Saturday, October 20, 2007

Domestic Violence Awareness Month

I received the Freya's Bower Newletter and I thought this article by Marci Baun was well worth sharing. I asked permission and she said okay, so here it is. Please visit Freya's Bower and WildChild Publishing. - Marva

This month is Domestic Violence Awareness Month, along with Breast Cancer Awareness Month and many others. However, domestic violence, while a virulent disease, receives very little attention and is pushed under the rug.

Some years ago when I first moved to Los Angeles, I dated a man briefly whom I'd met salsa dancing. He was intelligent, attractive, and an amazing dancer. He was also abusive. On our first date, we met at a dance club where he and some of his salsa friends liked to go. We were having a great time until he said something that made me pause: "I would never allow one of my friends to dance with you. They might steal you away." A little voice in my head whispered: "Wait a minute, weren't these people his friends? And when did I become his property?" But I ignored that voice and gave him the benefit of the doubt.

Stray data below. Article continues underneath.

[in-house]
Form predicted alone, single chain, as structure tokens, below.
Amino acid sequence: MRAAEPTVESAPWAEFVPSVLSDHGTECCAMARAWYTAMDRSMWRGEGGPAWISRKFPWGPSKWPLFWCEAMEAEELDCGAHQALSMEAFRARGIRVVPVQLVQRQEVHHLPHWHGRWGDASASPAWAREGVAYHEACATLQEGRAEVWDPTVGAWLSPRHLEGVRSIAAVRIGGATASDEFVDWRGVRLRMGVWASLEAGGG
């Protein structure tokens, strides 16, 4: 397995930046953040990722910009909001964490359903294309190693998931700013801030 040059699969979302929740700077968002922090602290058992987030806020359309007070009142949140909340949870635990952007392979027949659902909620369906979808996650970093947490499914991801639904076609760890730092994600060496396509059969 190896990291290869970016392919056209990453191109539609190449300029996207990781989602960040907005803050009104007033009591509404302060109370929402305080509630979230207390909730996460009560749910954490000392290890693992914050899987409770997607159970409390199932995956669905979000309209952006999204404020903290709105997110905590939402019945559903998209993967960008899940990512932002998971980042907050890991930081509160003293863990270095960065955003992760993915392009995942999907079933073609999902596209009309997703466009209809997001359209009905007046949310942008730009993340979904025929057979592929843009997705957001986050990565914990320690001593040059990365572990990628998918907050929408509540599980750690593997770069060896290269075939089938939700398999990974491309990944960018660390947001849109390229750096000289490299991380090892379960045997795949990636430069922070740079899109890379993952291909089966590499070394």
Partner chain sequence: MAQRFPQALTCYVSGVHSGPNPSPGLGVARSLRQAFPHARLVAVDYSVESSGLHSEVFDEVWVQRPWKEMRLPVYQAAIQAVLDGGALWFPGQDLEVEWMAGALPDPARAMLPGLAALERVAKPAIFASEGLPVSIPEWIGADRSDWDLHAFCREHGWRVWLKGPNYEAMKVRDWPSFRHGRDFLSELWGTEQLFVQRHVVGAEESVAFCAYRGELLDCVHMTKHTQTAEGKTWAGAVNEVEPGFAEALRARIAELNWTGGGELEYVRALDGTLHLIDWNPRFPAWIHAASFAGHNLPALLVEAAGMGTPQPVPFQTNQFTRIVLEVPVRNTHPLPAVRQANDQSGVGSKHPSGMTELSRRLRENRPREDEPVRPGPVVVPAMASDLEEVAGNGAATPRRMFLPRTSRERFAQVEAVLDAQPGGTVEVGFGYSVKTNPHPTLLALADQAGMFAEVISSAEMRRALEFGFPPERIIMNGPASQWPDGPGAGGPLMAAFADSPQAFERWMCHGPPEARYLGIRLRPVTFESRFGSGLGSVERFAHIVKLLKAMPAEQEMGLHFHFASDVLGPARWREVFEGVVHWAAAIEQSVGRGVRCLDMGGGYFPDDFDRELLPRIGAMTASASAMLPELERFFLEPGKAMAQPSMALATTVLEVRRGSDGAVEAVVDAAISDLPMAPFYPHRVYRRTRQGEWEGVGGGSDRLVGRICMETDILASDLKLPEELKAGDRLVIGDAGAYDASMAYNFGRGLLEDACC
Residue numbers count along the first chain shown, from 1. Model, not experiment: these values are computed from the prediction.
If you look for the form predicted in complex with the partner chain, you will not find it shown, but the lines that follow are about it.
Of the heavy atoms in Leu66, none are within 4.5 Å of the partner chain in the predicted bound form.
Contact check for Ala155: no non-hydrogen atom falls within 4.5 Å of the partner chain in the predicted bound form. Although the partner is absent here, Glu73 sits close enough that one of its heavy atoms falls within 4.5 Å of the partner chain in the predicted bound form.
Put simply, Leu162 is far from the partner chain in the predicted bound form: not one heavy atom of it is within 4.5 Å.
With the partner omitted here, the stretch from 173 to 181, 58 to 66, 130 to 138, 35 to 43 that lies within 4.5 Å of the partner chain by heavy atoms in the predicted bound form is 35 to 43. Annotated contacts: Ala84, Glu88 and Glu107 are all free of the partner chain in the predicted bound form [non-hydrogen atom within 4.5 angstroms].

By the second date, he had insulted me several times, but in an insidious manner that had me questioning myself. (The insults seemed to have a kernel of truth, but only enough to make the insults seem plausible and start the questions.) When I realized what was happening and that my self-esteem was spiraling, that little voice grew louder, more insistent. I listened--because whenever I don't, I usually end up in trouble. That's when the answer hit me: this man was an abuser. I felt in my bones. If someone is attracted to you and supposedly likes you, they don't insult you and they certainly don't treat you like property. If someone likes you, they praise you, they respect you, and they support your dreams.